S.-Israel relationship, reproductive freedom". During the final days of the 2008 presidential campaign, an article came out explaining that the "National Jewish Democratic Council is sending out more than 350,000 mailers to Jewish households in key swing states, re-asserting the Democratic nominees stance on a number of issues"; this article includes many fliers put out by the NJDC in order to inform voters about Barack Obama and Joe Biden's positions on Israel. Marc Stanley, chairman of the NJDC, wrote an op-ed in the JTA entitled "Why Jews Voted for Obama". In the article, he gave two explanations: "First, Obama’s performance in the debates belied the GOP narrative that he could not be trusted, while McCain’s pick of Alaska Gov. Sarah Palin as his running mate undermined his Jewish support. Second, Jewish Democrats - the National Jewish Democratic Council, along with the Obama campaign and other independent efforts - were better organized than ever." In 2008, exit polls showed. The NJDC approved of the Obama administration's policies such as the 2009 stimulus package, the president's decision to pull out of Durban II, the UN conference against racism, known to be a forum for anti-Israel agitation
Hadassah Women's Zionist Organization of America
Hadassah, the Women's Zionist Organization of America is an American Jewish volunteer women's organization. Founded in 1912 by Henrietta Szold, it is one of the largest international Jewish organizations, with 330,000 members in the United States. Hadassah fundraises for community programs and health initiatives in Israel, including the Hadassah Medical Center, a leading research hospital in Israel renowned for its inclusion of and treatment for all religions and races in Jerusalem. In the US, the organization advocates on behalf of women's rights, religious autonomy and US-Israel diplomacy. In Israel, Hadassah supports health education and research, women's initiatives and programs for underprivileged youth. In 2012, Hadassah opened the Sarah Wetsman Davidson Hospital Tower, a 500 bed-facility with 20 operating theaters, as well as five below-ground floors for protection from terrorist attacks. In 2014, National President Marcie Natan was named one of The Jerusalem Post's "Top 50 Most Influential Jews."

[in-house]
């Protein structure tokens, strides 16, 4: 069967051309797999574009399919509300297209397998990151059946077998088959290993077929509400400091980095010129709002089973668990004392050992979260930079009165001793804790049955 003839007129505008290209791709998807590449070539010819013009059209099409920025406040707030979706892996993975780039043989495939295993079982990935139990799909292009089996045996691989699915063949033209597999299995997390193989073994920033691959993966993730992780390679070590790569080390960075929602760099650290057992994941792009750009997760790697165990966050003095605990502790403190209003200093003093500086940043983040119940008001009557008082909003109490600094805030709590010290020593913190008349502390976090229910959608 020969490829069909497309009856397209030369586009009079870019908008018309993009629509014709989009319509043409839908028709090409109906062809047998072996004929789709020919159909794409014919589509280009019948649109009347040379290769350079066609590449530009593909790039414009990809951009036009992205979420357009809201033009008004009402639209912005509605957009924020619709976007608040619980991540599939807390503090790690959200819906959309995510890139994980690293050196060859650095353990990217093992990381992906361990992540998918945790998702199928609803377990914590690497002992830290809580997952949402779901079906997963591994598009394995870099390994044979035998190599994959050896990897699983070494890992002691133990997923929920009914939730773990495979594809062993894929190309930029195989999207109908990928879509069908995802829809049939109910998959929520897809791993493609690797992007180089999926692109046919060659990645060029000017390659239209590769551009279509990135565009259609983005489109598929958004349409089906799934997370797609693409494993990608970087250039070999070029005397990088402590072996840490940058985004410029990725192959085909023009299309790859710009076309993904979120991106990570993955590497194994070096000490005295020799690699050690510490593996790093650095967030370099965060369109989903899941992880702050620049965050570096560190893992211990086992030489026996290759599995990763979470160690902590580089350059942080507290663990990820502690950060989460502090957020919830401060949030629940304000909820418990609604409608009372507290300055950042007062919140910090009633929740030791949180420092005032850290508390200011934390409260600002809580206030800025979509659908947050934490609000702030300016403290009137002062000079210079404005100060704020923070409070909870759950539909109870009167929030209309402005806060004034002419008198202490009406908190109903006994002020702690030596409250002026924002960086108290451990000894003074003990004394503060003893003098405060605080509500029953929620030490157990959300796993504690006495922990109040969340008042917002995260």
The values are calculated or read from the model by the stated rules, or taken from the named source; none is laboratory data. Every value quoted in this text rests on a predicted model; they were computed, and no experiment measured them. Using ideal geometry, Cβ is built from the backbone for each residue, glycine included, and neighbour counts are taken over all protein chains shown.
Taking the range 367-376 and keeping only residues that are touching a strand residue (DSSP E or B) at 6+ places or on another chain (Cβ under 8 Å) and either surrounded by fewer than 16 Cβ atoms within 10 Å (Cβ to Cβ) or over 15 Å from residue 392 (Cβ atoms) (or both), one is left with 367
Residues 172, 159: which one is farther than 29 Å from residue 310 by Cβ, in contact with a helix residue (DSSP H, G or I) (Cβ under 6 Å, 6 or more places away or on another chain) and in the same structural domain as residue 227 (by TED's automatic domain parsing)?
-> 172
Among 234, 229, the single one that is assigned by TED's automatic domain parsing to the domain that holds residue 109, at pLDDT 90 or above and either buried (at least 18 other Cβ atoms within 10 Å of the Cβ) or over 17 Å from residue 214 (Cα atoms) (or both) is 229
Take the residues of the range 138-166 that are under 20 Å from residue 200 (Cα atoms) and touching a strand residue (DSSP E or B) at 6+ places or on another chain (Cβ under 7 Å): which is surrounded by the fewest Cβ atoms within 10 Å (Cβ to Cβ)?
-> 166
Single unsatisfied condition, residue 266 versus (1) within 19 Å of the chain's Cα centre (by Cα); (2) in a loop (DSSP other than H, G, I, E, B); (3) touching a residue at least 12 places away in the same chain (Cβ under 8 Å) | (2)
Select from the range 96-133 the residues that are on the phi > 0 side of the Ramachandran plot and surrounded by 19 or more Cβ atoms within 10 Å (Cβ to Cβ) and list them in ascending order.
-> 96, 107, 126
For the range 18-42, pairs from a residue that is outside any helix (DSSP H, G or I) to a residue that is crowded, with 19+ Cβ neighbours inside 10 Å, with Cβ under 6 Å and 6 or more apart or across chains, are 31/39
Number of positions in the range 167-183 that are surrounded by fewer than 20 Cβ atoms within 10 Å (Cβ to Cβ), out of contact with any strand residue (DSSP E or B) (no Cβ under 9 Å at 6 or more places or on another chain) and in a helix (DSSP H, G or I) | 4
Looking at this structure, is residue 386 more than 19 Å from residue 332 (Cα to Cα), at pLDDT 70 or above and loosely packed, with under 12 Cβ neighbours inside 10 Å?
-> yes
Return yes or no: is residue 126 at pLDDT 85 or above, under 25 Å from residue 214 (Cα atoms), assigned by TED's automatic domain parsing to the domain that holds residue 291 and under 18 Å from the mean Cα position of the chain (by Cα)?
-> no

At a meeting at Temple Emanu-El in New York City on February 24, 1912, Henrietta Szold together with other Zionist women, proposed to the Daughters of Zion study circle that they expand their purpose and embrace proactive work to help meet the health needs of Palestine's people. The goal was to promote the Zionist ideal through education, public health initiatives, the training of nurses in what was the Palestine region of the Ottoman Empire; because the meeting was held around the time of Purim, the women called themselves "The Hadassah chapter of the Daughters of Zion," adopting the Hebrew name of Queen Esther. Henrietta Szold became the first president. Within a year, Hadassah had five growing chapters in New York, Cleveland and Boston, its charter articulates twin goals: to begin public-health initiatives and nurses training in Palestine, to foster Zionist ideals through education in America. In 1913, Hadassah sent two nurses to Rose Kaplan and Rae Landy, they set up a small public health station in Jerusalem to provide maternity care and treat trachoma, a dreaded eye disease rampant in the Middle East.